We had a lot of fun making these ornaments. This recipe made about 10 ornaments. I must warn you that this is a very long, all day sort of project. After prepping the "batter" we spent about 1 1/2 hours shaping the ornaments, then baked them, cooled them, and spent another hour, at least, painting them. Then they had to dry. Then the varnish and more drying time. Then we flipped them, varnished the back, and waited again. We started about 10 this morning and finished about 6 this evening. (OK we played a lot in between but you get the picture! The point is that this project took over my kitchen for the whole day - just thought I'd warn you.) The results were definitely worth it though!

Here's the recipe, from http://www.teachartathome.com/ :

Christmas Clay Ornaments


2 cups flour
1 cup salt
tempera paints, various colors
clear nail polish, polyurethane or liquid floorwax for glazing
yarn or ribbon

1. Mix together the flour, salt and enough water to make a smooth, soft dough that is not sticky. (If it is sticky, add a little bit more flour).

2. You can either add tempera paints to the clay to create various colors or wait until after the ornaments are hard to paint them. (Creating colored clay is better for younger children who can't paint well).

3. Be sure to create a hole as your last step using a small paintbrush handle.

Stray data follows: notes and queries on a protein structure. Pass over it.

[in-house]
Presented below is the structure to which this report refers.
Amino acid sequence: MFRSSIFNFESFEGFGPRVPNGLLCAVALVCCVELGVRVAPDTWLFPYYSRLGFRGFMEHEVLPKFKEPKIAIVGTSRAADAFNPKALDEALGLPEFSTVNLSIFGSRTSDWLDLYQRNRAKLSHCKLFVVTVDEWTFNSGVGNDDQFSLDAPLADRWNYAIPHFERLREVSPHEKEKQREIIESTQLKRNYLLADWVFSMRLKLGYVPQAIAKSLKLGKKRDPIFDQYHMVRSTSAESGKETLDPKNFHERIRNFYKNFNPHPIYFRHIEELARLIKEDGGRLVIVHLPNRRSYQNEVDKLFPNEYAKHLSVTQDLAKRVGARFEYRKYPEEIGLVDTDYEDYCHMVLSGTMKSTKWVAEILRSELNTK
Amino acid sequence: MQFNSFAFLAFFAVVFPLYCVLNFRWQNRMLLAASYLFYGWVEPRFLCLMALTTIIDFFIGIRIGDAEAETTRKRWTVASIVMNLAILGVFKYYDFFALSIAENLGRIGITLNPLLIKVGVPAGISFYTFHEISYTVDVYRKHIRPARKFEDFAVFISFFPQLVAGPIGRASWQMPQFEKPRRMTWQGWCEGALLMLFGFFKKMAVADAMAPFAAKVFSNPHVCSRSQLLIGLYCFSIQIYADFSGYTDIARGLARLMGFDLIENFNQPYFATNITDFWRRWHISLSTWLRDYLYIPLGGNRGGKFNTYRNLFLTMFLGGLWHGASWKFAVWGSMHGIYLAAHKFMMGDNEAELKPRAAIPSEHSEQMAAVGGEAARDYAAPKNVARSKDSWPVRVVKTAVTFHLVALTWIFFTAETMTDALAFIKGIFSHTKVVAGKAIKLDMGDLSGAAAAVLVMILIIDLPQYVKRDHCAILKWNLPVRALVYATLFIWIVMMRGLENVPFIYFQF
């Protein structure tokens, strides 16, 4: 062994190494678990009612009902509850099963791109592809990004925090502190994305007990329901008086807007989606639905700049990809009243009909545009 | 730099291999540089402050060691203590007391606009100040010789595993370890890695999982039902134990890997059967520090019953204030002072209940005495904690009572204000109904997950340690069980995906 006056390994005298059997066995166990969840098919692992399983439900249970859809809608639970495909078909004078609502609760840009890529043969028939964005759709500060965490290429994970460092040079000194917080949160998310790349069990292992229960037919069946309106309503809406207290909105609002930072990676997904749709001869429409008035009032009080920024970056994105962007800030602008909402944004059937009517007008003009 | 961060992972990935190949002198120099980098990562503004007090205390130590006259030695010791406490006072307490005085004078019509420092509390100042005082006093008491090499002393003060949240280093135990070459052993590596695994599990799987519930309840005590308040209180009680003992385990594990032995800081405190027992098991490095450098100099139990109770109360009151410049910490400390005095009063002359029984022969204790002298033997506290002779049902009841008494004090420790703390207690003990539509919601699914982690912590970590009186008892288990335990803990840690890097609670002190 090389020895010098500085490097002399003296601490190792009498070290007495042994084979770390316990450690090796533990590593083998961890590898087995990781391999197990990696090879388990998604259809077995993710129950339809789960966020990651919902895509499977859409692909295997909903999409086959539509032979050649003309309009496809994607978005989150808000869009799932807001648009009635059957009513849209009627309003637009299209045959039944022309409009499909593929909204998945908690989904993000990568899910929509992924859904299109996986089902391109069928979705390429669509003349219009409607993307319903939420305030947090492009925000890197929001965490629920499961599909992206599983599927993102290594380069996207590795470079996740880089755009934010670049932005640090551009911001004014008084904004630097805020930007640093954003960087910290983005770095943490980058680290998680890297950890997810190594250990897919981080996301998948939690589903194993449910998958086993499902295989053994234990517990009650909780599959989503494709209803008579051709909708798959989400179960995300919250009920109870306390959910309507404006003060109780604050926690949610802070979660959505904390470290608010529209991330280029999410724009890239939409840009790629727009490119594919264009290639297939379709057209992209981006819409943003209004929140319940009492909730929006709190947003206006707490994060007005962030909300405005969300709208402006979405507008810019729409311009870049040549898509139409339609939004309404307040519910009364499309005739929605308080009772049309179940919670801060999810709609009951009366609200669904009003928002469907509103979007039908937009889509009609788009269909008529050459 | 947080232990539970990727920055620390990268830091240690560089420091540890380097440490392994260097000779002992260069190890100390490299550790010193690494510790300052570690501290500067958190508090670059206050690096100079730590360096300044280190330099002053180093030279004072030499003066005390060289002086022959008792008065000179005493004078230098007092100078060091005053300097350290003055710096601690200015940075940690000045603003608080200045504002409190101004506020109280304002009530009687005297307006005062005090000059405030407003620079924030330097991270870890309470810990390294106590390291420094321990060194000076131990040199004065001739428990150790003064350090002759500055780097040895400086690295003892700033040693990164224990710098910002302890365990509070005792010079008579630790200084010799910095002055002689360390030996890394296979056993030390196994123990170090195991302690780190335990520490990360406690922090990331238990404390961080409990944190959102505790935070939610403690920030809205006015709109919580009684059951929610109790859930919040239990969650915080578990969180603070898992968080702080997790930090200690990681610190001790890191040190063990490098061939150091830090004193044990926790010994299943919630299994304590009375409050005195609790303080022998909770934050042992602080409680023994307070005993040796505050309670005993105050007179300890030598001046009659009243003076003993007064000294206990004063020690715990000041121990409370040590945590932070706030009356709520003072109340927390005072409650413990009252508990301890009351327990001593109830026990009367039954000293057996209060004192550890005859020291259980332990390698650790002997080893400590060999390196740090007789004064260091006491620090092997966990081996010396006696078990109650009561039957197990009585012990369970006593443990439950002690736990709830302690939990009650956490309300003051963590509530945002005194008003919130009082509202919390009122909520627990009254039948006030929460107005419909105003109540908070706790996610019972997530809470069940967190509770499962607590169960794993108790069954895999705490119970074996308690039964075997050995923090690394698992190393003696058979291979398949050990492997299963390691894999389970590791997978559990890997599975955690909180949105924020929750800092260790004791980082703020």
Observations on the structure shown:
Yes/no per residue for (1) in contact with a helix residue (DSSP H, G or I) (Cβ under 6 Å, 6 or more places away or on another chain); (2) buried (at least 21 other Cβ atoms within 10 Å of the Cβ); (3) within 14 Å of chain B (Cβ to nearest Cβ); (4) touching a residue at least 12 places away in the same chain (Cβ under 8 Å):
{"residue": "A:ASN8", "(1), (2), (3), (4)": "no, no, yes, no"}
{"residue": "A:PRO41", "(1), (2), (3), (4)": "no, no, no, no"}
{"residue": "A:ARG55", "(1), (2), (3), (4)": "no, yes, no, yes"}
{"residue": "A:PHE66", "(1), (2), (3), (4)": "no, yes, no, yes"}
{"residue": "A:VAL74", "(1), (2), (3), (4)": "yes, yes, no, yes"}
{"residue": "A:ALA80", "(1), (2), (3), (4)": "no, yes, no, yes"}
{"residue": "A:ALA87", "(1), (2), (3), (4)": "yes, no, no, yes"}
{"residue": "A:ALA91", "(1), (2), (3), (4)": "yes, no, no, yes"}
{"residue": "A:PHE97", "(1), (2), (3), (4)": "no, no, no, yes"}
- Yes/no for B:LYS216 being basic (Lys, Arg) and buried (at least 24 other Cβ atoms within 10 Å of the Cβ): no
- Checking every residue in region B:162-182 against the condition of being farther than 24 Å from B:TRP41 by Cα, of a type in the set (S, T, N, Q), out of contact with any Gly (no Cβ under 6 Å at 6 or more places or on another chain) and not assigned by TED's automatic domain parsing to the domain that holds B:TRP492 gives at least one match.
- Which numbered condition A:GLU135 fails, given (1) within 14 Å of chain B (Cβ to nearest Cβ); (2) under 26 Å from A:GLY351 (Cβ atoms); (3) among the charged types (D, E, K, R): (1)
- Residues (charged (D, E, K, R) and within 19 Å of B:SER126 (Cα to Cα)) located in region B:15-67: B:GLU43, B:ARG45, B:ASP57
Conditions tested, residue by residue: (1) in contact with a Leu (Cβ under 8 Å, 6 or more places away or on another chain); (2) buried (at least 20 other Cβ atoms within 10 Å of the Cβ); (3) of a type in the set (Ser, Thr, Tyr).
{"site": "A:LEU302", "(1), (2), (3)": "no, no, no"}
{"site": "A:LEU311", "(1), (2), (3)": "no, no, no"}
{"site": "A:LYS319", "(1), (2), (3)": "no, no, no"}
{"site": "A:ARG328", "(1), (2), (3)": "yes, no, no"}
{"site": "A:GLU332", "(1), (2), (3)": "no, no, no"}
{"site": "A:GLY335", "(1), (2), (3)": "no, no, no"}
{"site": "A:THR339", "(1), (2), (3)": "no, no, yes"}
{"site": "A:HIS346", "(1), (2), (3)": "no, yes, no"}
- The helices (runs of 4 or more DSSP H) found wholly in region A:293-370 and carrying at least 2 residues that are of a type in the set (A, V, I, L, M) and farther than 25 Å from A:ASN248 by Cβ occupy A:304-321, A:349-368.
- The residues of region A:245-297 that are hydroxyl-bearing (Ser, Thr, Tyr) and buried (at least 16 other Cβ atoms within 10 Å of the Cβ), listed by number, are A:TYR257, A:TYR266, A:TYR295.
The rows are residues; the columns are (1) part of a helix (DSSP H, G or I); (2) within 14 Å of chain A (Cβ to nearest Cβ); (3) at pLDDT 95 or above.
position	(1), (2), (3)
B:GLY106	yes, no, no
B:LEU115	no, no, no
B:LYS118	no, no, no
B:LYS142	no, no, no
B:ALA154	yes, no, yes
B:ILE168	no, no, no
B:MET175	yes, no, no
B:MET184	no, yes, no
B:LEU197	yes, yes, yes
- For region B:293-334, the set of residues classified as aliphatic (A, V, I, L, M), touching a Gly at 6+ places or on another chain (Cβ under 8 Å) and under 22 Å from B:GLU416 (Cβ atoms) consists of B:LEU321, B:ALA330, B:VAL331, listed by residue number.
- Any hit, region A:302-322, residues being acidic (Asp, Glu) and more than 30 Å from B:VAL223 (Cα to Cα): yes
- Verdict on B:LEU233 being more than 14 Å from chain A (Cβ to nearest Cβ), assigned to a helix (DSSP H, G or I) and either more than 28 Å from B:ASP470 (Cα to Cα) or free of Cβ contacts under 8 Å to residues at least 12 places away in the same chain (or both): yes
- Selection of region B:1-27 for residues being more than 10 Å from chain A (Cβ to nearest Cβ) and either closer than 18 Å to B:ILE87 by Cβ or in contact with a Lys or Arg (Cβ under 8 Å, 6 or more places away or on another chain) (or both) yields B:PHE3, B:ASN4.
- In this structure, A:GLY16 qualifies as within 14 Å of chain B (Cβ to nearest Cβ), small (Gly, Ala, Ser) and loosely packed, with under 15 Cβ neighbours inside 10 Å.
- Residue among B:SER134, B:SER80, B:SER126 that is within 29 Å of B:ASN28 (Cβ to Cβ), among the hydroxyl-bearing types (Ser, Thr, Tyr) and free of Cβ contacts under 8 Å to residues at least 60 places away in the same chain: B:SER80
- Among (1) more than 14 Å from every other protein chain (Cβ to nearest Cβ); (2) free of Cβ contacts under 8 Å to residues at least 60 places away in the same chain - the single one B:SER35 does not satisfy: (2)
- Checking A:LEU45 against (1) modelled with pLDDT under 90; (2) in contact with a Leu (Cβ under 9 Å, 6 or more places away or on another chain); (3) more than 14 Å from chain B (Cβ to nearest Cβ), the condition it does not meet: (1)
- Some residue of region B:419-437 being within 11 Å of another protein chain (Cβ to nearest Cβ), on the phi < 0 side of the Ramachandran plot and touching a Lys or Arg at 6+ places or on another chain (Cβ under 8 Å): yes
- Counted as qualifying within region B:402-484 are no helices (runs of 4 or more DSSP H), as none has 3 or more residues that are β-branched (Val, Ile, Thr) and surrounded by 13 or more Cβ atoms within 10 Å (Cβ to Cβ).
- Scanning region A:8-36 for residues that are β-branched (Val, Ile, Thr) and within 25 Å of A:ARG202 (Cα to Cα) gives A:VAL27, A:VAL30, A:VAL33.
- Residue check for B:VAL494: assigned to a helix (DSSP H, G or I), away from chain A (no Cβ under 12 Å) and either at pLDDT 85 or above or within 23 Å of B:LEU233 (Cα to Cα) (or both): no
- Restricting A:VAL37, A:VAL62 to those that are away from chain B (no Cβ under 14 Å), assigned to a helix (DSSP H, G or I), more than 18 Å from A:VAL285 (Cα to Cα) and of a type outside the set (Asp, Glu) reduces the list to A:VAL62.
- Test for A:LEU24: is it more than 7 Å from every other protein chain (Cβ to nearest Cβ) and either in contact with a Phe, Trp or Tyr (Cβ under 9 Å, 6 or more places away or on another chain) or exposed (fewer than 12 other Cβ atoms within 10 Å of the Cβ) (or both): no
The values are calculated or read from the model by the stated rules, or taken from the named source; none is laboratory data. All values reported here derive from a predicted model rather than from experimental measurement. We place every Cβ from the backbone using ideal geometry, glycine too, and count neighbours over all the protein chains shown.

4. Bake ornaments on a baking sheet that has been dusted with flour for 30 minutes at 300 degrees, or until hard but not heavily browned.

5. If you used white dough only, paint with tempera paints when cooled.

6. When the paint is dry, brush with one of the following glazing mediums to make it shiny: clear nail polish, polyurethane varnish or liquid floor wax. (This step works well wiht the colored dough, but it may cause paints to run if painted after baked. That is only the case, however, if the glazing medium is put on too heavily or brushed a lot). Allow to dry thoroughly. Turn over and glaze the back too. Allow to dry.

7. String with a loop of yarn or ribbon for hanging.

Tuesday, December 11, 2007

Quote Party

Our Charlotte Mason book club hosted a party tonight, and we were each to bring a bookmark or ornament displaying a Charlotte Mason quote. This was a fun, new and inexpensive way to do a Christmas party, and we all enjoyed our monthly Starbucks and CM discussion.

I have included some of the quotes below. You'll notice the blatant disregard for proper bibliographical formatting, and complete lack of specific book & page number references. Tough. If you need the reference, Google it.

The quote I brought, on a little pink bookmark:
"All beautiful and noble possibilities are present in everyone."

The quote I received, inside a cookie-cutter Christmas ornament: